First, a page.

"Girlhood,” Céline Sciamma’s third feature and the conclusion of what the filmmaker considers a coming-of-age trilogy, continues her engagement with the bildungsroman. Not as contained as debut “Water Lilies” or as directly preoccupied with gender as “Tomboy,” “Girlhood” follows the trajectory of teenager Marieme (Karidja Touré), a bright young woman whose grades are nevertheless inadequate to secure her a continuing spot in school. The alternative, placement in a vocational program, is such a disappointing prospect that Marieme joins a group of fellow dropouts, trading her quieter and more conservative identity for a scrappy tough girl ready to menace suspicious shopgirls and bully the meek out of their pocket money.
Sciamma has a treasure in screen newcomer Touré, whose observant Marieme invites the viewer to share her experiences. Marieme’s companions Adiatou (Lindsay Karamoh) and Fily (Mariétou Touré) are led by Lady (Assa Sylla), whose fistfight with a bitter rival simultaneously humiliates and inspires Marieme to assert more power within the quartet. As the reborn Vic (short for Victory), Marieme bonds in several ways with her adopted sisters. Sciamma observes changes big and small as Marieme begins to tentatively step away from her role as caregiver to a pair of younger siblings in favor of the validation and camaraderie she enjoys with her peers.
Much has been made of a standout scene in which the girls put on dresses and dance to Rihanna’s “Diamonds” during a hotel room idyll. The song, charged with the aspirational intertextuality of the singer’s biography, works as both a reminder of the long odds faced by Marieme and the warmth of her sisterhood with Lady, Adiatou and Fily. Kate Stables draws a general comparison between “Girlhood” and Andrea Arnold’s “Fish Tank,” via “these oppressed tower-block teens, juggling big desires and limited options,” and the parallel can be extended to the music, as the hopeful presence of “Diamonds” functions similarly to Arnold’s use of Nas’ “Life’s a Bitch.”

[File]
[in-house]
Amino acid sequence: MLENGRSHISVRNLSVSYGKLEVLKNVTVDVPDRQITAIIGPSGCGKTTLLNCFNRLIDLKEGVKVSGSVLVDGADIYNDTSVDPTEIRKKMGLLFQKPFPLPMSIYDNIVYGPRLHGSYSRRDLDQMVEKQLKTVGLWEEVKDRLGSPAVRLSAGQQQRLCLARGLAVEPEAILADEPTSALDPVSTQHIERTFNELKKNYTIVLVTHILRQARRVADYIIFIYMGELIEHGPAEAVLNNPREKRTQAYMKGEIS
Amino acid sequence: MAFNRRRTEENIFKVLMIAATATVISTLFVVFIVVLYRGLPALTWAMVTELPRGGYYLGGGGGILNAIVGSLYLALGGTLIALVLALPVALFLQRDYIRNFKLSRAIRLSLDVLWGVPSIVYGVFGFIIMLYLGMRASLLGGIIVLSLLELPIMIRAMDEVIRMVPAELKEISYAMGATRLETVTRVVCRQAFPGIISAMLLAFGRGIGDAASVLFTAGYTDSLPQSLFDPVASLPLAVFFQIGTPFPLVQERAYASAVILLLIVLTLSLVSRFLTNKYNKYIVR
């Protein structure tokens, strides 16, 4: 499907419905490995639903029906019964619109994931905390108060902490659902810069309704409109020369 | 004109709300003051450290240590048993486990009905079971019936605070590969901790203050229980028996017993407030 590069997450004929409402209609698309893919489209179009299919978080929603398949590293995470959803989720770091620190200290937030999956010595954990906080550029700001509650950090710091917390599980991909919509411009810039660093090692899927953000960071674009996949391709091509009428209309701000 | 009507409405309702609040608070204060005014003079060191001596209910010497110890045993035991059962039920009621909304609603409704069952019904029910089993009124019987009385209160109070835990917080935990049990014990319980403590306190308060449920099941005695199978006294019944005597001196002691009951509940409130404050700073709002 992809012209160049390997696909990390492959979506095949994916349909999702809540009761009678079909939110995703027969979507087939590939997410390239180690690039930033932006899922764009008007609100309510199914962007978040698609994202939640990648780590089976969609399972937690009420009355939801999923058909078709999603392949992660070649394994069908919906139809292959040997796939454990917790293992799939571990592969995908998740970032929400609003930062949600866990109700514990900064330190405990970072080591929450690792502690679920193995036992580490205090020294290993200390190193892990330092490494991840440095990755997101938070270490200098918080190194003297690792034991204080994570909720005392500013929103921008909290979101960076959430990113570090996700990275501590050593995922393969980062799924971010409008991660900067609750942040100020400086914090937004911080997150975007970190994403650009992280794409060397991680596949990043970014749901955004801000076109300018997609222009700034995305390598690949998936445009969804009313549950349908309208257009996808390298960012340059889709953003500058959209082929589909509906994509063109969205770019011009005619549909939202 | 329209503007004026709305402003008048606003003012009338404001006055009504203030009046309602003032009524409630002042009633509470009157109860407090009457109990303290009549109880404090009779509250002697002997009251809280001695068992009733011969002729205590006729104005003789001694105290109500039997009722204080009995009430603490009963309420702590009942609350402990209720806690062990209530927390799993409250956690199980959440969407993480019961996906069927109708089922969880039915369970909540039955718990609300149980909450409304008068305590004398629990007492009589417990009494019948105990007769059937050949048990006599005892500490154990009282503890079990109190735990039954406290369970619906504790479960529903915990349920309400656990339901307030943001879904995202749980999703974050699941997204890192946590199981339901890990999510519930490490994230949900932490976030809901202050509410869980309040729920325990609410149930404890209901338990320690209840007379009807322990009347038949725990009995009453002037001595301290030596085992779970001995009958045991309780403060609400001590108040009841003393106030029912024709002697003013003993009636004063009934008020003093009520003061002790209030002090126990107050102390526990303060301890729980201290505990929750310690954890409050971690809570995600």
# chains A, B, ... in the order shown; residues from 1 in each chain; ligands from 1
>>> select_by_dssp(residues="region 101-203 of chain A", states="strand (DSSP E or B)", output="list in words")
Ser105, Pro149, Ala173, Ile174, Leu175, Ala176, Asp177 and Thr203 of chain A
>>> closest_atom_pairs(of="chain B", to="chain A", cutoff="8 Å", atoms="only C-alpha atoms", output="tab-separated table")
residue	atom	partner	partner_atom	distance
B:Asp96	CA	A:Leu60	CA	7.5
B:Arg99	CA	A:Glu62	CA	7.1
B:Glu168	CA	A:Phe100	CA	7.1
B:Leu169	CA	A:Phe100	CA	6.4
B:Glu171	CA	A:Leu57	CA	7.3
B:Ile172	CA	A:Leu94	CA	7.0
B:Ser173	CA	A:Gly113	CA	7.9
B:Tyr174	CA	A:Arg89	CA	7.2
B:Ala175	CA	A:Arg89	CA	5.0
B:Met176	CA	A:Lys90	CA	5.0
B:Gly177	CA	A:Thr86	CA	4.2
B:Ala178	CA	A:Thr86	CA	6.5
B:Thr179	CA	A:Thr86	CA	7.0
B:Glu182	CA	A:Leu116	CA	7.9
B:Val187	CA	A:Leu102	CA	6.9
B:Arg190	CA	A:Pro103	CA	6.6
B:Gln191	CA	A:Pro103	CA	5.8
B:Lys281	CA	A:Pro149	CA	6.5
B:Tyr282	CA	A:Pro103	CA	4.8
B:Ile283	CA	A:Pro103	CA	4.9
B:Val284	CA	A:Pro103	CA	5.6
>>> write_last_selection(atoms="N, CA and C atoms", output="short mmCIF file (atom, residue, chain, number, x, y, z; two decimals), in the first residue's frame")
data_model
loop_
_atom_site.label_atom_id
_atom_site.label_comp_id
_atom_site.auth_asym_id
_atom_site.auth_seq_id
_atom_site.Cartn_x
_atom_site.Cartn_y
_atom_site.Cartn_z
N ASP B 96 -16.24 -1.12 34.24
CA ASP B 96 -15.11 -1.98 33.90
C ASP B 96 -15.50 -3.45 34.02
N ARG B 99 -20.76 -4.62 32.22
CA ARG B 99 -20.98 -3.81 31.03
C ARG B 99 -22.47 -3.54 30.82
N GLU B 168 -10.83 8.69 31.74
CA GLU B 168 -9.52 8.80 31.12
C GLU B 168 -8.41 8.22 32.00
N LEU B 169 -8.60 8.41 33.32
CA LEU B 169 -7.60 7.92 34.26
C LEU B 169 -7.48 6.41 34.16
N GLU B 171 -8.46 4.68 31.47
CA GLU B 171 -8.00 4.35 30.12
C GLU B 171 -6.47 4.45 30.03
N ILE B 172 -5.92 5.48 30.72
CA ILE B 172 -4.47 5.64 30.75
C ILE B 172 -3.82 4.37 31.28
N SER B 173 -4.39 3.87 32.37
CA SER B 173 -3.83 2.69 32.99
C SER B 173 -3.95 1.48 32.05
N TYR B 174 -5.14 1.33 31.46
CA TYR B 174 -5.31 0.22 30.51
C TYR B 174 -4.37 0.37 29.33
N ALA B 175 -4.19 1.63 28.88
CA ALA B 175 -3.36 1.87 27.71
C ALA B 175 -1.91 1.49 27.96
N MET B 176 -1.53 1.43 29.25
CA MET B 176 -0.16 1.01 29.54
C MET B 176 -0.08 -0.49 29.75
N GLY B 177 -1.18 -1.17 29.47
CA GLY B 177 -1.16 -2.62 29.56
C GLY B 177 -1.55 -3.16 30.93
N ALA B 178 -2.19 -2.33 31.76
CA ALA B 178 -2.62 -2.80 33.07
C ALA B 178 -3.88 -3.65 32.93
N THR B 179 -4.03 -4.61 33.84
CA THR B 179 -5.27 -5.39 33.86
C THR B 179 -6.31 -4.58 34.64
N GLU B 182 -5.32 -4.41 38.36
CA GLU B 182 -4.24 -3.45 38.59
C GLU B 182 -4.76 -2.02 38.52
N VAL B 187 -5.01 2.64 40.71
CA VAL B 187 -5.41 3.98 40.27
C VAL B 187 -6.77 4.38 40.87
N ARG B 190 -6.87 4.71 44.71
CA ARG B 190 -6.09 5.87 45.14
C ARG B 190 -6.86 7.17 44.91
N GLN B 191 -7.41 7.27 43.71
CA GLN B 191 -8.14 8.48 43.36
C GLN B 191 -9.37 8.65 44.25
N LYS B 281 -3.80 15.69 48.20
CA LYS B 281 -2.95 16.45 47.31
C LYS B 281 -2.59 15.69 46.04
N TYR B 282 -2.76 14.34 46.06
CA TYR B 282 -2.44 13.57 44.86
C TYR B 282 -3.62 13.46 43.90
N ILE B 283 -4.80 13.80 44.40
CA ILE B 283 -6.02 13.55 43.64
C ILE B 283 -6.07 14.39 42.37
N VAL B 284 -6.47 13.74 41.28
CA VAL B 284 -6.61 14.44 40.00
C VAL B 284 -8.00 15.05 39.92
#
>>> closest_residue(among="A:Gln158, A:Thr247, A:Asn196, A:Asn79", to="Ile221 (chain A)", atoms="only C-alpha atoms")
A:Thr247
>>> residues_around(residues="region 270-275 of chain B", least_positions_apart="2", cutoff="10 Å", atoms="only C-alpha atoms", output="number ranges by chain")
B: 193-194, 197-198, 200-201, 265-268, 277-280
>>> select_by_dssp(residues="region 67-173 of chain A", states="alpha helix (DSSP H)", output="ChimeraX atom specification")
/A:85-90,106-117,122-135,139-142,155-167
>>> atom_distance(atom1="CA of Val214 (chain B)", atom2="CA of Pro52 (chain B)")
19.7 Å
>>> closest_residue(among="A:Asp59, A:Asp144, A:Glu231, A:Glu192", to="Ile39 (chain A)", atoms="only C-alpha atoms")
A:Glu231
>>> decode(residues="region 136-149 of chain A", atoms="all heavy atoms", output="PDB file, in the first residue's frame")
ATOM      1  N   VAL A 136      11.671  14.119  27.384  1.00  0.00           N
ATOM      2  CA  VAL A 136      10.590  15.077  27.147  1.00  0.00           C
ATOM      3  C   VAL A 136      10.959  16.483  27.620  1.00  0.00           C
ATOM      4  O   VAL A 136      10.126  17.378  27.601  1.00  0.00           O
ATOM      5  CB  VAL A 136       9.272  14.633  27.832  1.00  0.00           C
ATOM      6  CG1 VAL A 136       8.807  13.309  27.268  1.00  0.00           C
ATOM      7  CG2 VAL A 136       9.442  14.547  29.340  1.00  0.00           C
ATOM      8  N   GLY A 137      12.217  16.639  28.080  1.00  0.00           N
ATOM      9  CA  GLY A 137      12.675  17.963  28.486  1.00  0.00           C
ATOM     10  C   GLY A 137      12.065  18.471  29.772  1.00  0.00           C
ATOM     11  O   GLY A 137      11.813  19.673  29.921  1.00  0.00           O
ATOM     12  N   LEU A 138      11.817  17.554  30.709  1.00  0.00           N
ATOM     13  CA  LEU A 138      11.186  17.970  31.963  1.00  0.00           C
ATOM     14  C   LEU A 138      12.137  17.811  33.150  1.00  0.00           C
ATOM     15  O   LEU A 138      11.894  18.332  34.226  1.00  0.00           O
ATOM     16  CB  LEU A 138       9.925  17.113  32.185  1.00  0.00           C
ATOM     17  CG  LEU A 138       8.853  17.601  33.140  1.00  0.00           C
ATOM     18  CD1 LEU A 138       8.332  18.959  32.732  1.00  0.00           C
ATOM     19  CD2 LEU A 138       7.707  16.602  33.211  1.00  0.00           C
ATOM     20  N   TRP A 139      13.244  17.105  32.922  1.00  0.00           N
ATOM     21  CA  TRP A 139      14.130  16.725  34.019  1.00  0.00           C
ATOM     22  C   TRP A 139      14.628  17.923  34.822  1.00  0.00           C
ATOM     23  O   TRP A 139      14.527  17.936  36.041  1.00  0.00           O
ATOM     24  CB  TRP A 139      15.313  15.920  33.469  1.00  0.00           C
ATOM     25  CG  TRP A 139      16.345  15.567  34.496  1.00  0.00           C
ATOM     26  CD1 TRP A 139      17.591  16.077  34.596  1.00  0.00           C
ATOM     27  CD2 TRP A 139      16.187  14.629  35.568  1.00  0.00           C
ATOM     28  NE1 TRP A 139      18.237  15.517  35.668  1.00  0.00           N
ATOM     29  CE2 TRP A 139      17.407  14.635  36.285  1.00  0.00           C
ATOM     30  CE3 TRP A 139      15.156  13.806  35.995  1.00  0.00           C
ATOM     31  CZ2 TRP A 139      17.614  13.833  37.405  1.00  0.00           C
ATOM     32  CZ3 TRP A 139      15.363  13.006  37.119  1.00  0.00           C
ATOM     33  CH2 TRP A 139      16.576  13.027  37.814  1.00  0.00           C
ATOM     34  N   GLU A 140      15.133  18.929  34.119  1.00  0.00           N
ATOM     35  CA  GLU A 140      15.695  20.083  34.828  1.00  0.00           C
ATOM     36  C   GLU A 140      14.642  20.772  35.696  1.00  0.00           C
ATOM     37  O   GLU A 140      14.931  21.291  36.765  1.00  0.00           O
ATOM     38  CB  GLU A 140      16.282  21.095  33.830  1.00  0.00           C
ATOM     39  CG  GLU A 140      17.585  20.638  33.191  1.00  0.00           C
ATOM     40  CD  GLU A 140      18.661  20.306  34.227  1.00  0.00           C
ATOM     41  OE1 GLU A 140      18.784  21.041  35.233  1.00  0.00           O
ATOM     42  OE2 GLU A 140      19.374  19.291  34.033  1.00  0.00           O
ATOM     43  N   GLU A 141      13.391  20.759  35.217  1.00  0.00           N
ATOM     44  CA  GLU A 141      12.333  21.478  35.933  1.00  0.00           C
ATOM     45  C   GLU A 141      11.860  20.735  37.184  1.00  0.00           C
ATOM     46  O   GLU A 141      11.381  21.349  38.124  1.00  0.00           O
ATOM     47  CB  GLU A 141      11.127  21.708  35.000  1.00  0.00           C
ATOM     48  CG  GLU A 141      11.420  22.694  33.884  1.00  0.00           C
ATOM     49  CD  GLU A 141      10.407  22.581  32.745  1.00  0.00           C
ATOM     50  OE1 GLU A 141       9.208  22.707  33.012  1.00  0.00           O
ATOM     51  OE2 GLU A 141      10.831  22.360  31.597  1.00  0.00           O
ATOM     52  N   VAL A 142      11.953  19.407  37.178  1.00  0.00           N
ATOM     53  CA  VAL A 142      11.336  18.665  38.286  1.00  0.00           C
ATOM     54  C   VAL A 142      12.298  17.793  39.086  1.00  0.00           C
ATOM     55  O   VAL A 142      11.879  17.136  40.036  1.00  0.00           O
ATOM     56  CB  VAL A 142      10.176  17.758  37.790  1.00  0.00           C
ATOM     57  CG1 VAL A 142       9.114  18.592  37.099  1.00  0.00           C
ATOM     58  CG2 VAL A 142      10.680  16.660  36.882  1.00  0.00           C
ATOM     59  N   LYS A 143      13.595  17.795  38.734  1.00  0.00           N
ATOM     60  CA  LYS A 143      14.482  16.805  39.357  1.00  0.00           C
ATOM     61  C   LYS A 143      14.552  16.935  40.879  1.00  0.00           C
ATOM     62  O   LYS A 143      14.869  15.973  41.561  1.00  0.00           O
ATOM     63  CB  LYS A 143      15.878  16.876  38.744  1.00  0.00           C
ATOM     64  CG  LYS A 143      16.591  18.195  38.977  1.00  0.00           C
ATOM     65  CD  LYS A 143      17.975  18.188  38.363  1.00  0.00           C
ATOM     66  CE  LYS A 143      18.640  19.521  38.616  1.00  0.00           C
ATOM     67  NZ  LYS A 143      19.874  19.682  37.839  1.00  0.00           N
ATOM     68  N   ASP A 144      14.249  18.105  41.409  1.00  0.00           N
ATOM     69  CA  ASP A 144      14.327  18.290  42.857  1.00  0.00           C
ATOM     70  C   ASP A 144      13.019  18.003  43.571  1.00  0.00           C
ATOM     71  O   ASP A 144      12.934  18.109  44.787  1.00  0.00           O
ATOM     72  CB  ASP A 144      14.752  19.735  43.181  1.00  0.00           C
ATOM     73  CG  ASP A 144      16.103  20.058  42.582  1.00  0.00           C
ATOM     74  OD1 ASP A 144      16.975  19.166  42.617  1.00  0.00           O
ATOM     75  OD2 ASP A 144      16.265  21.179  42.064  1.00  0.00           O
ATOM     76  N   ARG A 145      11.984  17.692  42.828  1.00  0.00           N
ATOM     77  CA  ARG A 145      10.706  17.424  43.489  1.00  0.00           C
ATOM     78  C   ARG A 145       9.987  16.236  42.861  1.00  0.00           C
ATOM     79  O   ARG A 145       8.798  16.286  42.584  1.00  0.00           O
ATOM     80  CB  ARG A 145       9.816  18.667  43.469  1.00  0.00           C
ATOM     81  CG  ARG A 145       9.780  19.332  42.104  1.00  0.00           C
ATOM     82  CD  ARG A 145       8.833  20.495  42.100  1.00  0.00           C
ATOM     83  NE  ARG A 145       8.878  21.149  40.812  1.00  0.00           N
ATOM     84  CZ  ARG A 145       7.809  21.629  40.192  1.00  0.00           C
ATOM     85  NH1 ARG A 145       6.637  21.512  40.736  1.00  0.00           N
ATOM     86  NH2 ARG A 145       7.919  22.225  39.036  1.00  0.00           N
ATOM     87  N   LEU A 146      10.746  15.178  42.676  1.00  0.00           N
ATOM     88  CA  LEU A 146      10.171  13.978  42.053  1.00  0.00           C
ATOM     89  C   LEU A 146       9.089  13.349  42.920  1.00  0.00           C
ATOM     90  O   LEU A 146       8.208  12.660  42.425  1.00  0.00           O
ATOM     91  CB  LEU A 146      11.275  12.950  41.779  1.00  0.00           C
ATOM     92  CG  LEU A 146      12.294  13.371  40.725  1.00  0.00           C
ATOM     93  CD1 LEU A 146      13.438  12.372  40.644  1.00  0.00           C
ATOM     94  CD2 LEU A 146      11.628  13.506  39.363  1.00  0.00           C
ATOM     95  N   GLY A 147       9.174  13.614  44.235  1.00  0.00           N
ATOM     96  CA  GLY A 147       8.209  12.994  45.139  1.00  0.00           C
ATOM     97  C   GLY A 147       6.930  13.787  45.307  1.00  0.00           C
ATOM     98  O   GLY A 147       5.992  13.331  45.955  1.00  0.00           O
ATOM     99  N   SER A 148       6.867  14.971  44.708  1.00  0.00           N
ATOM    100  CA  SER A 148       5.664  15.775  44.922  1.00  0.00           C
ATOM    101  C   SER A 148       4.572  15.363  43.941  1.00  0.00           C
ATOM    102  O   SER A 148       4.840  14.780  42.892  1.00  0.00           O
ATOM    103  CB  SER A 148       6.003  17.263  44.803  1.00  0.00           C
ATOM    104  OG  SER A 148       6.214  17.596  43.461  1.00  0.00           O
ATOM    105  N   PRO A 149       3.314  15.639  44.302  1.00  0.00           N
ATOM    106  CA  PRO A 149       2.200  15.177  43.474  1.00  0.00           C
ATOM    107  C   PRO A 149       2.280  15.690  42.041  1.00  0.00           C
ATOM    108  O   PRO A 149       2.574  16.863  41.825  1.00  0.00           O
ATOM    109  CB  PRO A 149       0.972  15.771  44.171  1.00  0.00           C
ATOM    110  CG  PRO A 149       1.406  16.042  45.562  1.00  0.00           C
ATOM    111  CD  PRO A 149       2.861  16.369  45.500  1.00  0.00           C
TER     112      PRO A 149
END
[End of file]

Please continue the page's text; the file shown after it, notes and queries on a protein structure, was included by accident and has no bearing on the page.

Just as Marieme begins to discover her place within the core group and the larger community to which the smaller factions belong and/or interact, her blossoming relationship with Ismael (Idrissa Diabaté), a close companion of her abusive older brother, threatens the precarious equilibrium. Chastised for imagined promiscuity, Marieme bristles at the patriarchal hypocrisy, and Sciamma firmly filters the sexual exploration through Marieme’s point of view, capturing her resentment and frustration.
The final movement sees Marieme graduate to a less savory means of survival than either the safe(r) but static nuclear unit in the projects or the delinquency that comes with membership in Lady’s clique. While the narrative anticipates some kind of third act Hogarthian rake’s/harlot’s progress, Marieme’s yearning intelligence commands ongoing audience sympathy, even when she makes questionable choices. Additionally, Sciamma subverts any expectation that the indoctrination of Marieme into the “gang” is representative of corruption or moral deficiency.
Marieme’s employment by a manipulative and significantly more dangerous drug dealer alludes to darker thresholds, and Sciamma hints at some challenging gender issues when Marieme morphs between a masculinized persona dependent on breast binding under a baggy sweatshirt and a high-heeled, platinum-wigged courier with uncomfortable hints of being groomed for sexual exploitation. She is caught between two unsustainable options, but is there a third? In arguably the film’s finest exchange, Marieme rejects Ismael’s marriage proposal, wisely reasoning that even if the solution would remove the double-standard stigma and make her a “decent girl,” the inevitable future pregnancy would force her into a life she doesn’t want.
“Girlhood” is now available on Netflix instant watch.
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